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Dead-end hat-trick

Aamir Khan is all set to complete a death hat-trick on-screen with his next release, writes Piyush Roy.

india Updated: Apr 23, 2006 14:55 IST
Piyush Roy

Aamir Khan is all set to complete a death hat-trick on-screen with his next release, Fanaa. The film is the third within a year, after Mangal Pandey and Rang De Basanti that has Aamir’s character getting killed in the end for taking the law in his hands.

Not discounting the fact that Aamir’s debut as a hero happened with a Romeo Julietes que Qayamat Se Qayamat Tak (1988), is Aamir in contest for the title of Gen Now’s tragedy king (Shah Rukh Khan is the only other current star to have died so often)?

Writer Kamlesh Pandey of RDB says: “Since Dilip Kumar’s deaths guaranteed box-office hits in the 50s, directors cashed in on the trend. The act of death became romantic.” However, Aamir’s onscreen deaths in the last two releases have not been romantic.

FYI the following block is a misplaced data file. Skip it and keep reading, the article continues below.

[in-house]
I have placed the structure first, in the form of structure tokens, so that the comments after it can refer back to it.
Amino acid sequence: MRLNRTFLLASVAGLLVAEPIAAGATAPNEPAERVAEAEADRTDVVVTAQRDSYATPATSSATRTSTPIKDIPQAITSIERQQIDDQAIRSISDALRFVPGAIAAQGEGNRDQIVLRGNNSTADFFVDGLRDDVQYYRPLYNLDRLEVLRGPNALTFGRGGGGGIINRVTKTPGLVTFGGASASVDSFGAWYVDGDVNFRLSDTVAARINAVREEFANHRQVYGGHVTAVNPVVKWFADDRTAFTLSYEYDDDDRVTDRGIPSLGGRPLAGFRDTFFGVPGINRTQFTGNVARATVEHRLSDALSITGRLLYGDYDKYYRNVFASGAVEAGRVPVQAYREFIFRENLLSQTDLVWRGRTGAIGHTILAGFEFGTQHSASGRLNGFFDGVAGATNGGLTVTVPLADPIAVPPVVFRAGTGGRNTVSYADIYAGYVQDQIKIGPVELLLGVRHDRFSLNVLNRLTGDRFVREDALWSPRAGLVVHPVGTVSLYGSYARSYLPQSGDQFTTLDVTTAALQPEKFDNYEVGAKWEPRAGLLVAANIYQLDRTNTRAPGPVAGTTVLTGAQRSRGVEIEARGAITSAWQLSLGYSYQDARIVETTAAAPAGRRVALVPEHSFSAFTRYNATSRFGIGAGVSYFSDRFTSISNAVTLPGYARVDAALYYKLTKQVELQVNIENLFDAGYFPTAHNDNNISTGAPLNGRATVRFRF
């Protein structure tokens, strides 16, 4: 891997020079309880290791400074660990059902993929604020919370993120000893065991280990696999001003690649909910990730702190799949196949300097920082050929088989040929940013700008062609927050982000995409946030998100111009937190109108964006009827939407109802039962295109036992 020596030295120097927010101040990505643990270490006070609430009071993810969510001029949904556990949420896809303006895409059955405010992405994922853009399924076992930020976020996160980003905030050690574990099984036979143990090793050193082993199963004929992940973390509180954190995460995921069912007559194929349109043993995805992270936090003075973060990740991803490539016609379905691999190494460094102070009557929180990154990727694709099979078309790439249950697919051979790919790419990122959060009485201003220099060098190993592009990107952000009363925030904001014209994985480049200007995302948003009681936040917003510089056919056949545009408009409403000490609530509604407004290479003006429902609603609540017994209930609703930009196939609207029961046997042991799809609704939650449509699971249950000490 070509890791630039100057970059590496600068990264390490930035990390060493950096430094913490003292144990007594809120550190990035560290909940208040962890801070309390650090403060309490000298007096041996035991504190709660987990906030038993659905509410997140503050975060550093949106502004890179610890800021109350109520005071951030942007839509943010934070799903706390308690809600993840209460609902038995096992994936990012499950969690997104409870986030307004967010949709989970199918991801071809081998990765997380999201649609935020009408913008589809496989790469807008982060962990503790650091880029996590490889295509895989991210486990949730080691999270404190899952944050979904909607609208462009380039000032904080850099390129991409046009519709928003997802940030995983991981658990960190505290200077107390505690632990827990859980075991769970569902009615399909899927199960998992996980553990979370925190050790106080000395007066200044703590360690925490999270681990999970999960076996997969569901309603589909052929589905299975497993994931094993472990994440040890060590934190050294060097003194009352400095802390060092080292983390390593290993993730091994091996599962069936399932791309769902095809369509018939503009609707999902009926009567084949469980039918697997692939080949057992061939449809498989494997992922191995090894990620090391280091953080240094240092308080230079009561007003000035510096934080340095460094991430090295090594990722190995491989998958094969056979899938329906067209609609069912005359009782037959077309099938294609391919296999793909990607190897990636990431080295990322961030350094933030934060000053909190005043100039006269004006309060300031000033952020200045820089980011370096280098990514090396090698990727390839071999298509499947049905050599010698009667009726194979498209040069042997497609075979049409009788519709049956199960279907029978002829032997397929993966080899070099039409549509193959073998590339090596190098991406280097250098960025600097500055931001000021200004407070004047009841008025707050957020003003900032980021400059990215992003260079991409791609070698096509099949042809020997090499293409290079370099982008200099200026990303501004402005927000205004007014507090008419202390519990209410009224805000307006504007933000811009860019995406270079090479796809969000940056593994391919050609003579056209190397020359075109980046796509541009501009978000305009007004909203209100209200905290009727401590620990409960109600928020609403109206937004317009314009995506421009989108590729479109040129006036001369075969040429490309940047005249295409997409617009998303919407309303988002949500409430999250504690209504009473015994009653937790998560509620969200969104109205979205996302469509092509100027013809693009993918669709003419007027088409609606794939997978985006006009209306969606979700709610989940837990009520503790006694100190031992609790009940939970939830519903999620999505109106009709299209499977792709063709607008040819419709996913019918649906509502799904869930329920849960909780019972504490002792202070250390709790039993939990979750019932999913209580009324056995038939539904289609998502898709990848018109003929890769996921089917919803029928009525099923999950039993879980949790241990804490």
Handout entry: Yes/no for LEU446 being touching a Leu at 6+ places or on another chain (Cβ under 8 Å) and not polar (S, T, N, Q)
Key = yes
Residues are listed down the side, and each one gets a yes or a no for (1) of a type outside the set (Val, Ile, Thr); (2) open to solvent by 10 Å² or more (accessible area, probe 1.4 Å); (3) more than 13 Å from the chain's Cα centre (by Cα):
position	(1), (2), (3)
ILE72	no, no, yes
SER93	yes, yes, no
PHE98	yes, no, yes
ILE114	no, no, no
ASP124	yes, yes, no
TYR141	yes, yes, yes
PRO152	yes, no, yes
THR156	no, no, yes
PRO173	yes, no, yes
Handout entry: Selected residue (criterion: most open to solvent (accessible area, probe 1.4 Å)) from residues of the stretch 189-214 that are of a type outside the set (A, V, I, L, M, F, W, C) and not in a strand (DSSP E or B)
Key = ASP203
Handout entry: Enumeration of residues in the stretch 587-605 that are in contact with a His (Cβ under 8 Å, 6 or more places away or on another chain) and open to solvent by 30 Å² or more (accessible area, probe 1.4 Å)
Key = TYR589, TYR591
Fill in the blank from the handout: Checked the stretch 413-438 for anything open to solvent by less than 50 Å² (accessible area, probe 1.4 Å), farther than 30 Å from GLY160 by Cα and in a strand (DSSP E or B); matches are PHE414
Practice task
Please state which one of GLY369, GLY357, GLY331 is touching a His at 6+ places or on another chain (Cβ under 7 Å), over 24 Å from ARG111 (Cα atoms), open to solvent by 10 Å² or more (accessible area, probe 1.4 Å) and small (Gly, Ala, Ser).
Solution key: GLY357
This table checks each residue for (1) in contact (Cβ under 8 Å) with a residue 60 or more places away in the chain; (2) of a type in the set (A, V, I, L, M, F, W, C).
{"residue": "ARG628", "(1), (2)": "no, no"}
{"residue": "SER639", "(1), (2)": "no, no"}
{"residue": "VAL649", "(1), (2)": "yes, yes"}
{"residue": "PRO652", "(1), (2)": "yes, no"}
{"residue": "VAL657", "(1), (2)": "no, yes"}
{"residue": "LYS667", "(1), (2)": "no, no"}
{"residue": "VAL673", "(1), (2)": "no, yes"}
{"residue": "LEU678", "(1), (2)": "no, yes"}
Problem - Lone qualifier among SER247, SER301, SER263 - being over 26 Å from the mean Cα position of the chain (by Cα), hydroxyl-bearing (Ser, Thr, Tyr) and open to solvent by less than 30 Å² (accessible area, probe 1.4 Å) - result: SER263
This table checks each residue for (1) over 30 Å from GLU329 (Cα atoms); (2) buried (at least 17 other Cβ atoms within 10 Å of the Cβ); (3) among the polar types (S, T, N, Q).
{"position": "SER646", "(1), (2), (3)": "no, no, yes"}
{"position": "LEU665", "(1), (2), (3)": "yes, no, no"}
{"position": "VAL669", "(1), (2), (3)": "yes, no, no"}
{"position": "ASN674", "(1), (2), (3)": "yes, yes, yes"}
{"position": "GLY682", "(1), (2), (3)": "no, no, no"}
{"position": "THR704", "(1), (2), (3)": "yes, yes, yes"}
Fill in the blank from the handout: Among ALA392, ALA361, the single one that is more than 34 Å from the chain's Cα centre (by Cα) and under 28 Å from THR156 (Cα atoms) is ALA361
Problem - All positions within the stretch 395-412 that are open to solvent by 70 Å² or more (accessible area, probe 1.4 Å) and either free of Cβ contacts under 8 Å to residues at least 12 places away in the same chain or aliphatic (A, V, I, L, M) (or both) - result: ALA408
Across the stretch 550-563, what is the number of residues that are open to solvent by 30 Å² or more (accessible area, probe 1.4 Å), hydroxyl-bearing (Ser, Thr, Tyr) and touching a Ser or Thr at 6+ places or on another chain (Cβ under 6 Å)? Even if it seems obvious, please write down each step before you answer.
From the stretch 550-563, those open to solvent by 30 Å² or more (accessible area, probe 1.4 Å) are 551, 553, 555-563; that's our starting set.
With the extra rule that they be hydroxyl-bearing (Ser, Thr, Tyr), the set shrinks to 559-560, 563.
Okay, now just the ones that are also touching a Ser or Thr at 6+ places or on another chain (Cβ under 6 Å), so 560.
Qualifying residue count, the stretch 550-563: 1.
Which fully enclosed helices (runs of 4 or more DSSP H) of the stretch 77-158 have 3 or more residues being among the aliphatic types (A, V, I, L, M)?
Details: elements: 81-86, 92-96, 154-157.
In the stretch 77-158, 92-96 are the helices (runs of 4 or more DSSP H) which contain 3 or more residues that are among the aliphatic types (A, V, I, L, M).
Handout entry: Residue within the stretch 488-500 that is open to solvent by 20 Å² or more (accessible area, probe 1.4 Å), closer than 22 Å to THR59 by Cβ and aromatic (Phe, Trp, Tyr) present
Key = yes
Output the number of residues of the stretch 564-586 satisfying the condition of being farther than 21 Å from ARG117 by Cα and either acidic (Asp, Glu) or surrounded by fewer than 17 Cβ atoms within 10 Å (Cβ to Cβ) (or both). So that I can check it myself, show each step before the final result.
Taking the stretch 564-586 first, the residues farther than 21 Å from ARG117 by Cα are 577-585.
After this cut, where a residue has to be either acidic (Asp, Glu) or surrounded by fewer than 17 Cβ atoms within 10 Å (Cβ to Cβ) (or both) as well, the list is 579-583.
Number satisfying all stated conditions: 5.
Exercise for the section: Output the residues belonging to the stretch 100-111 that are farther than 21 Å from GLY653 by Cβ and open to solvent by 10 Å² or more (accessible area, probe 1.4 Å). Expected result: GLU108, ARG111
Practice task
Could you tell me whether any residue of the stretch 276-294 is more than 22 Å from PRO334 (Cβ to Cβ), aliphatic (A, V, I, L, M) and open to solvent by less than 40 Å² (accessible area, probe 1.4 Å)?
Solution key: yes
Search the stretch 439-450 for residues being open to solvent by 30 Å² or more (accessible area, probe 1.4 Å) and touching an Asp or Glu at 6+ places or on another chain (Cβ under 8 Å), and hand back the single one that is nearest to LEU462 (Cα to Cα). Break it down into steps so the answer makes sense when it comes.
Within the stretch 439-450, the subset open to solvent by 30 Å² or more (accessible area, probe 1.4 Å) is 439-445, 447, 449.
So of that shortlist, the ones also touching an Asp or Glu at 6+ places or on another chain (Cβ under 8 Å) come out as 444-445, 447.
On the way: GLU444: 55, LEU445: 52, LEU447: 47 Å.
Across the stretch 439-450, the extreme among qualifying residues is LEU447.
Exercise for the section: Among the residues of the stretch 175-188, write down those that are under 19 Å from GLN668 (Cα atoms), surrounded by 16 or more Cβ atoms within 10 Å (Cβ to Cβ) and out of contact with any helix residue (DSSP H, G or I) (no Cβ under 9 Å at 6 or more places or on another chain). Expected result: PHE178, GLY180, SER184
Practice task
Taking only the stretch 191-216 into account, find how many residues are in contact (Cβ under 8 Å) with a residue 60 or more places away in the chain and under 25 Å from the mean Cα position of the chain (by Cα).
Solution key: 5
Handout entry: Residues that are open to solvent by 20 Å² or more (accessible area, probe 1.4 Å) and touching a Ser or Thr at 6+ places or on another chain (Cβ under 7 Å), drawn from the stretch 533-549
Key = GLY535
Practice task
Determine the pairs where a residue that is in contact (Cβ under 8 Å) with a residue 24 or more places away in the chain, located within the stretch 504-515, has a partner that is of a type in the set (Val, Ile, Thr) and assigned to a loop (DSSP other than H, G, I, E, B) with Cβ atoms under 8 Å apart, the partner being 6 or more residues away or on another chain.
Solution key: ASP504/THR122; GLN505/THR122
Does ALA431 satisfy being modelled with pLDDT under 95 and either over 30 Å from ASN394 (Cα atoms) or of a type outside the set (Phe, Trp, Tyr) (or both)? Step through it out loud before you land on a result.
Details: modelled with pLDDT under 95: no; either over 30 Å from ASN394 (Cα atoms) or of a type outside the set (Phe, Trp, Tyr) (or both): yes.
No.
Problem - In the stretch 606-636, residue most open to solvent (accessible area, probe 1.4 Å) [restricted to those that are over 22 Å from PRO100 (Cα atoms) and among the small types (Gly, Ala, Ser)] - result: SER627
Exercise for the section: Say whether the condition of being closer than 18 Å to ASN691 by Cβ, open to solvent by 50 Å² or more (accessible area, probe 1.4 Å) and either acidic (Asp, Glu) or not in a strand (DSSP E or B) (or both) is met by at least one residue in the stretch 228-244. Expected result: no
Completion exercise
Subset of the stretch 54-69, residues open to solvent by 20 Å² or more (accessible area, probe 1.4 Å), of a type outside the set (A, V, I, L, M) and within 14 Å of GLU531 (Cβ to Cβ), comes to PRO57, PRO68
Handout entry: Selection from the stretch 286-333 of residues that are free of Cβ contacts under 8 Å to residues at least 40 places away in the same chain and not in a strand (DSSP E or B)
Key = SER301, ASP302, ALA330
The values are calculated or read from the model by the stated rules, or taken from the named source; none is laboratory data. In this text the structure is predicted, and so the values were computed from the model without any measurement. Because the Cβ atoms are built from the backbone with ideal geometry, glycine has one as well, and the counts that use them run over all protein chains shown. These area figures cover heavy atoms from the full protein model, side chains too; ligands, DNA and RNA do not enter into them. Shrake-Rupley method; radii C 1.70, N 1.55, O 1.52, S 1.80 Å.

They are in fact giving a twist to Manoj Kumar’s Mr Bharat genre, using the act of dying to highlight a failed cause and reawaken India. “Be it DJ (RDB) or Mangal Pandey, death becomes a statement,” says Pandey. Aamir’s death in Fanaa, sources reveal, is courtesy his character of a hero who takes to terrorism.

“You are bound to die if you play certain doomed characters,” says Dinesh Raheja, veteran filmwriter. “Romantic heroes have always carried death scenes better, especially Dilip Kumar and Rajesh Khanna. However, Aamir’s take on death is unique.” Raheja terms Aamir’s death trilogy as “sheer coincidence because Aamir is too intelligent an actor to fall into box-office stereotypes.”